Zamir Kabulov, Russian President Vladimir Putin’s special representative on Afghanistan, told Russia’s RIA news agency it would be hypocritical for the Afghan government to float the idea of talks without actually negotiating, Reuters reported.
“It’s hypocrisy. It’s an attempt to close their eyes to the reality which exists and these are empty words,” Kabulov reportedly said. “We need deeds.” A transitional government in Afghanistan is preferred by Russia, he added.
The Taliban have seized both territory and materiel since President Biden announced U.S. troops would be pulling out of Afghanistan after nearly 20 years. Outside watchers fear the government in Kabul may not stand for long after the American withdrawal. The Biden administration moved to evacuate Afghans who helped the U.S. military during the war. AFP
Russia has previously warned the U.S. not to put troops in former Soviet Union nations in Central Asia after the troops are completely withdrawn from Afghanistan. The Hill
Jaishankar’s statement on FATF exposes ‘true colours’ of India: Pakistan
Islamabad: The Foreign Office (FO) on Monday slammed Indian minister’s statement, admitting that it played role in keeping Pakistan on the grey list of Financial Action Task Force (FATF).
“Indian statement not only exposes its true colors but also vindicates Pakistan’s longstanding stance on India’s negative role in FATF,” said FO Spokesperson Zahid Hafeez Chaudhri after Indian External Affairs Minister S Jaishankar admitted that Pakistan is on the FATF grey list because of the “efforts of Narendra Modi’s government.”.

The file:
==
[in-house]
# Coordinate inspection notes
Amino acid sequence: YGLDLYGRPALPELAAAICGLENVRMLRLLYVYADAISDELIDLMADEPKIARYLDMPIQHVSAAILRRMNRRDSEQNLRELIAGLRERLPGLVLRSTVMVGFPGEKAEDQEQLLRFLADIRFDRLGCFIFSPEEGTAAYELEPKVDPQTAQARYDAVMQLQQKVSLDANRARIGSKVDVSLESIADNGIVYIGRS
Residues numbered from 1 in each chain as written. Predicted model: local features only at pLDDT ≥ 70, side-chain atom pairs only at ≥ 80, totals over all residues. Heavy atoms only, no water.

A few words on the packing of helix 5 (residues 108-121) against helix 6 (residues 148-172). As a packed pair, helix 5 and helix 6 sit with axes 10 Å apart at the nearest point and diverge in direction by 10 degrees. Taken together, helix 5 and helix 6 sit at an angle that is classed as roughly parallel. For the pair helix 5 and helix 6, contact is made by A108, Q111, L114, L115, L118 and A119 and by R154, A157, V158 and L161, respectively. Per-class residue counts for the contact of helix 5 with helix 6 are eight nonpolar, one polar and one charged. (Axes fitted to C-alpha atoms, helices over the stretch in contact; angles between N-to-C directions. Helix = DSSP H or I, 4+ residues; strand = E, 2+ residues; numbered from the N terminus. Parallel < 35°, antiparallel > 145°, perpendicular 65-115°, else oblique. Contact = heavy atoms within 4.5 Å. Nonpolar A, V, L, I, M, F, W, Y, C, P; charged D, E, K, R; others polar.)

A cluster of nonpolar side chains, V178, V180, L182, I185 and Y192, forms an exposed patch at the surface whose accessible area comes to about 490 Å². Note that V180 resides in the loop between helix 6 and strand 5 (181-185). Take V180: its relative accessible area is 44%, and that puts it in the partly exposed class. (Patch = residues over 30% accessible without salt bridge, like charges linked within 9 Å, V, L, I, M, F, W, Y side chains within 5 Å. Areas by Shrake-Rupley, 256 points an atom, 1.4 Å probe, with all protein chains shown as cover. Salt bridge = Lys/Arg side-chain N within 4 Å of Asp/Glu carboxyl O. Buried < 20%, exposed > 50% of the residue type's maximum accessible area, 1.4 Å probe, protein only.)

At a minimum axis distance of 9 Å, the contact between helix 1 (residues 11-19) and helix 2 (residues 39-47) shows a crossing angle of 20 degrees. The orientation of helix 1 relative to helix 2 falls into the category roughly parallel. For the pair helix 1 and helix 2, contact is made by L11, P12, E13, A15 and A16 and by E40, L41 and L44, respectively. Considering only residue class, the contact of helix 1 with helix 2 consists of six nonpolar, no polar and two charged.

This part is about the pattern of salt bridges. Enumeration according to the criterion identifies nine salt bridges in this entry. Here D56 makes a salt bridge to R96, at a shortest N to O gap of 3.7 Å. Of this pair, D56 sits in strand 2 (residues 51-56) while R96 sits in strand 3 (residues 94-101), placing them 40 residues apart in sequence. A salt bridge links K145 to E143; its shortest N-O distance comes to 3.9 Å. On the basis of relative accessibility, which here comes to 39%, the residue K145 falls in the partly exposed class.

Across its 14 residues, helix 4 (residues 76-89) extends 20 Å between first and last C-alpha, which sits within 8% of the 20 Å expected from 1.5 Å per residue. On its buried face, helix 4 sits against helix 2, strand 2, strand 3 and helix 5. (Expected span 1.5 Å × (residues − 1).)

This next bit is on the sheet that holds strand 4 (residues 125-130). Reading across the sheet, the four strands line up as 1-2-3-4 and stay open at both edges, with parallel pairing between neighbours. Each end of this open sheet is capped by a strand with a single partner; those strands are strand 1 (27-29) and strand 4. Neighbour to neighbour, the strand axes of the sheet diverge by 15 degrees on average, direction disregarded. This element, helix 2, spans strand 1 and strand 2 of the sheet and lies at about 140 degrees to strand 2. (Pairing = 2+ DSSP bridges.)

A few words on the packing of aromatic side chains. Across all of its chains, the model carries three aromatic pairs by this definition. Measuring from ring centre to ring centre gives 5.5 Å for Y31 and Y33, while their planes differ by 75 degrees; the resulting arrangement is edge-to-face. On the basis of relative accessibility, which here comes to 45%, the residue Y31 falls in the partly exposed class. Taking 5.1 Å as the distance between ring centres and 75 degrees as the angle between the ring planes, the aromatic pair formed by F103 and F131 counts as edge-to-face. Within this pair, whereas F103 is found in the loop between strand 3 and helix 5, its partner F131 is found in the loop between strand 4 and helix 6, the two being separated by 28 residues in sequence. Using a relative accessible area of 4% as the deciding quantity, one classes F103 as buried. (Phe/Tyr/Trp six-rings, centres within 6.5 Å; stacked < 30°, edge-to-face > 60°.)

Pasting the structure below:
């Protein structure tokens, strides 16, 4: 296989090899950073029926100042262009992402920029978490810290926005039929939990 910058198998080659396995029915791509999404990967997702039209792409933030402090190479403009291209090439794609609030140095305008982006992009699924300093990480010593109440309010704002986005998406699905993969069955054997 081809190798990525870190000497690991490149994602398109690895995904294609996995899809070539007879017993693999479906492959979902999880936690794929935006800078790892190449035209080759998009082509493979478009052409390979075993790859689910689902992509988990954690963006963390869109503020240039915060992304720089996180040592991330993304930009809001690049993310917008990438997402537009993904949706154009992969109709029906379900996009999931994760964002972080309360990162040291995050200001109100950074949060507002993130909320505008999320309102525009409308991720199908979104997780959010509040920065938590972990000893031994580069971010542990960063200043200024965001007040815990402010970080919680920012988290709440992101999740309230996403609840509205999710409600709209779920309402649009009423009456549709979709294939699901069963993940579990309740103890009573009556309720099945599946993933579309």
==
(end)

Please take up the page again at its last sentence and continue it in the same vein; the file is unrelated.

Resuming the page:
The spokesperson reminded that Islamabad has always been highlighting India’s role to the international community in the politicisation of the FATF and undermining its processes. It added that the recent statement by the Indian foreign minister was “just a further corroboration of its continued efforts to use an important technical forum for its narrow political designs against Pakistan”.
“While Pakistan has been sincerely and constructively engaged with FATF during the implementation of the action plan, India has left no stone unturned in casting doubts on Pakistan’s progress through disgraceful means,” said the FO spokesperson.
The statement said that Islamabad has been “exposing India’s duplicitous role to the international community in the past” and vowed that it will also bring the “recent confession by India” to the FATF’s notice.
“Pakistan is also considering approaching FATF president for an appropriate action in this matter. Following the recent confession by Indian Government, India’s credentials for assessing Pakistan in FATF as co-chair of the Joint Group or for that matter any other country are subject to questions, which we urge FATF to look into,” said Chaudhri.